Book Review: The Ball

I was conducting a workshop for ROE #3 in Vandalia, Illinois. I always include in my presentations a showcase on what I am currently reading. The book I share is always different, but it springboards some great conversations about the reading favorites of others in the audience. At this particular workshop, another administrator quietly shared with me during a break the book that impacted him the most.

As I typically do, I wrote down the title, added it to my Amazon cart, and since it was summer, decided I had the time to purchase it and read it. I am so glad I did. Not shortly after Amazon Prime delivered it to my home, I was planning on a road trip with some friends a couple hours a way. As passenger in the car, I was able to knock out this book in transit to our destination.

Now, if you have been in education for any length of time, you know that Todd Whitaker knows his stuff, but this book was quite a bit different than what I am used to with his work. In “The Ball” he tells the story of a burnt out teacher with a renewed sense of passion sharing her knowledge and insights with a struggling former student.

Throughout the book, the teacher shares her own perspective on how she allowed mandates, demands on her time, and new initiatives to take her focus off her students and intuition when it came to teaching. She found a new sense of purpose in her life and career. In a chance meeting with a former student, she recognized her own pain in his story and through a conversation they both resolved to “keep their eyes on the ball” and ignore the external distractions and focus on what matters most: People and Relationships.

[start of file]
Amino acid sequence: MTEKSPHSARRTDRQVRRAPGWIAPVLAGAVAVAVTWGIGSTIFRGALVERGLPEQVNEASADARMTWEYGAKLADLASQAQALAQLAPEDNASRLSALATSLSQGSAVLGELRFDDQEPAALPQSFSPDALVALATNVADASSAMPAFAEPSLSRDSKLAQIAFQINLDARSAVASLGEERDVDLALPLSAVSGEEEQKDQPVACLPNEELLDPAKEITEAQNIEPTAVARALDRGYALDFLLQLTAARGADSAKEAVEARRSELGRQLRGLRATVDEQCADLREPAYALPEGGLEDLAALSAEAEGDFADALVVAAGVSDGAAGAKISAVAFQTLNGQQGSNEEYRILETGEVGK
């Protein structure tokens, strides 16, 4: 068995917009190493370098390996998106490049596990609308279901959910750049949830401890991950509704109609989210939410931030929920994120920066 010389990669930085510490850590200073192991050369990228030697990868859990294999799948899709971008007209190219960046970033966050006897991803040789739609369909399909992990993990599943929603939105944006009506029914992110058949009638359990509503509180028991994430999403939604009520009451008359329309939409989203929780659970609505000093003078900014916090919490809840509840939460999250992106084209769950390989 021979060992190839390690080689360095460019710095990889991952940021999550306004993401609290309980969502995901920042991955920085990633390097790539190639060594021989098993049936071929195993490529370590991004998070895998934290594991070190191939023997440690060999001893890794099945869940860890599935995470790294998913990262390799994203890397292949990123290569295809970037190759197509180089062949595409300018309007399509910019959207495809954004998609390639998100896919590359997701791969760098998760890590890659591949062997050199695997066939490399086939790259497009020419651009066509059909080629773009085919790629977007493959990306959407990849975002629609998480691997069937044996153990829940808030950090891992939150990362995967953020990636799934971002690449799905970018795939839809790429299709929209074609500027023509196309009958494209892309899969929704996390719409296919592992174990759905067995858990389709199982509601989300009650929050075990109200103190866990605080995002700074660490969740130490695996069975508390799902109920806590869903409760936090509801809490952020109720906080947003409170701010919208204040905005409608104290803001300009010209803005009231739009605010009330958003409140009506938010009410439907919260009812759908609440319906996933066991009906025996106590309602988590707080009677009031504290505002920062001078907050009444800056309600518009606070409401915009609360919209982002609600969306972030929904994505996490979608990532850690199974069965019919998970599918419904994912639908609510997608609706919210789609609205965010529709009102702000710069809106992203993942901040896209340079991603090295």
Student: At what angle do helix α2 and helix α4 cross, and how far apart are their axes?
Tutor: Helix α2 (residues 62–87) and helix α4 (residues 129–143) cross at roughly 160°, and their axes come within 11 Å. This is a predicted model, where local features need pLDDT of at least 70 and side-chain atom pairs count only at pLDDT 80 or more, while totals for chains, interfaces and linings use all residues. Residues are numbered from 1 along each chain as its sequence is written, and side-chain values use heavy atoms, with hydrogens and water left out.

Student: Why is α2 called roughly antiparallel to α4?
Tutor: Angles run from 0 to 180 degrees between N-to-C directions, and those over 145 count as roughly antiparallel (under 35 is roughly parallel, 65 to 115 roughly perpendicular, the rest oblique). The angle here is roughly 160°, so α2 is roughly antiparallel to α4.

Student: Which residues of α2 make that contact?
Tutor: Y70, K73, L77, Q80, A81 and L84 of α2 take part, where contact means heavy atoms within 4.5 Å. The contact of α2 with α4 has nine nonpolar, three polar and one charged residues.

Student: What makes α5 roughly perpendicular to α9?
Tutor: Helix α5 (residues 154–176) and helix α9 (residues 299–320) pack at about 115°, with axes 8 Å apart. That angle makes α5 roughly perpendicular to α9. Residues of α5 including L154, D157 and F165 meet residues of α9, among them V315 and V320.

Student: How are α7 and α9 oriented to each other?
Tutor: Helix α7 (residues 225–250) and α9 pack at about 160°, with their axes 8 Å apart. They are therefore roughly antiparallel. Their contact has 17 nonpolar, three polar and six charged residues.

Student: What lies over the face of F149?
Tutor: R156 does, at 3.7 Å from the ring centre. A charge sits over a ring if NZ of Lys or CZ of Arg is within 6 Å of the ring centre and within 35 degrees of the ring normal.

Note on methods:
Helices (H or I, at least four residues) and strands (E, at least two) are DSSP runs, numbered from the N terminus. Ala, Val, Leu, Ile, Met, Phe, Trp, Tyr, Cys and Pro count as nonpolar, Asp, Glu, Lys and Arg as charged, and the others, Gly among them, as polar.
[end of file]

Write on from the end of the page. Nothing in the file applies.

Some of my takeaways included;

  1. Maintaining focus on my ‘why’ during times and situations that are challenging.
  2. Not allowing external distractions to shift my attention from the most important tenets of my job or philosophies as an educator.
  3. Making intentional decisions to maintain balance and focus on my ‘ball’ with all the priorities in my life.
  4. Reflecting on the traditions in my life and school and consider renewing any that have gone to the wayside as a result of distractions or external stimuli.
  5. Continue to make a conscious effort to remind staff about our ‘ball’ and promote relationships and connections with our students and families.
  6. Remember that “we don’t win or lose a single game, it’s about playing the right way and having fun doing it.”

This short, but sweet book reinvigorates and refreshes the psyche to focus on key organization goals and resources. I will keep it on my bookshelf in my professional library as a resource for reminding myself to always keep sight of what’s vital and important.

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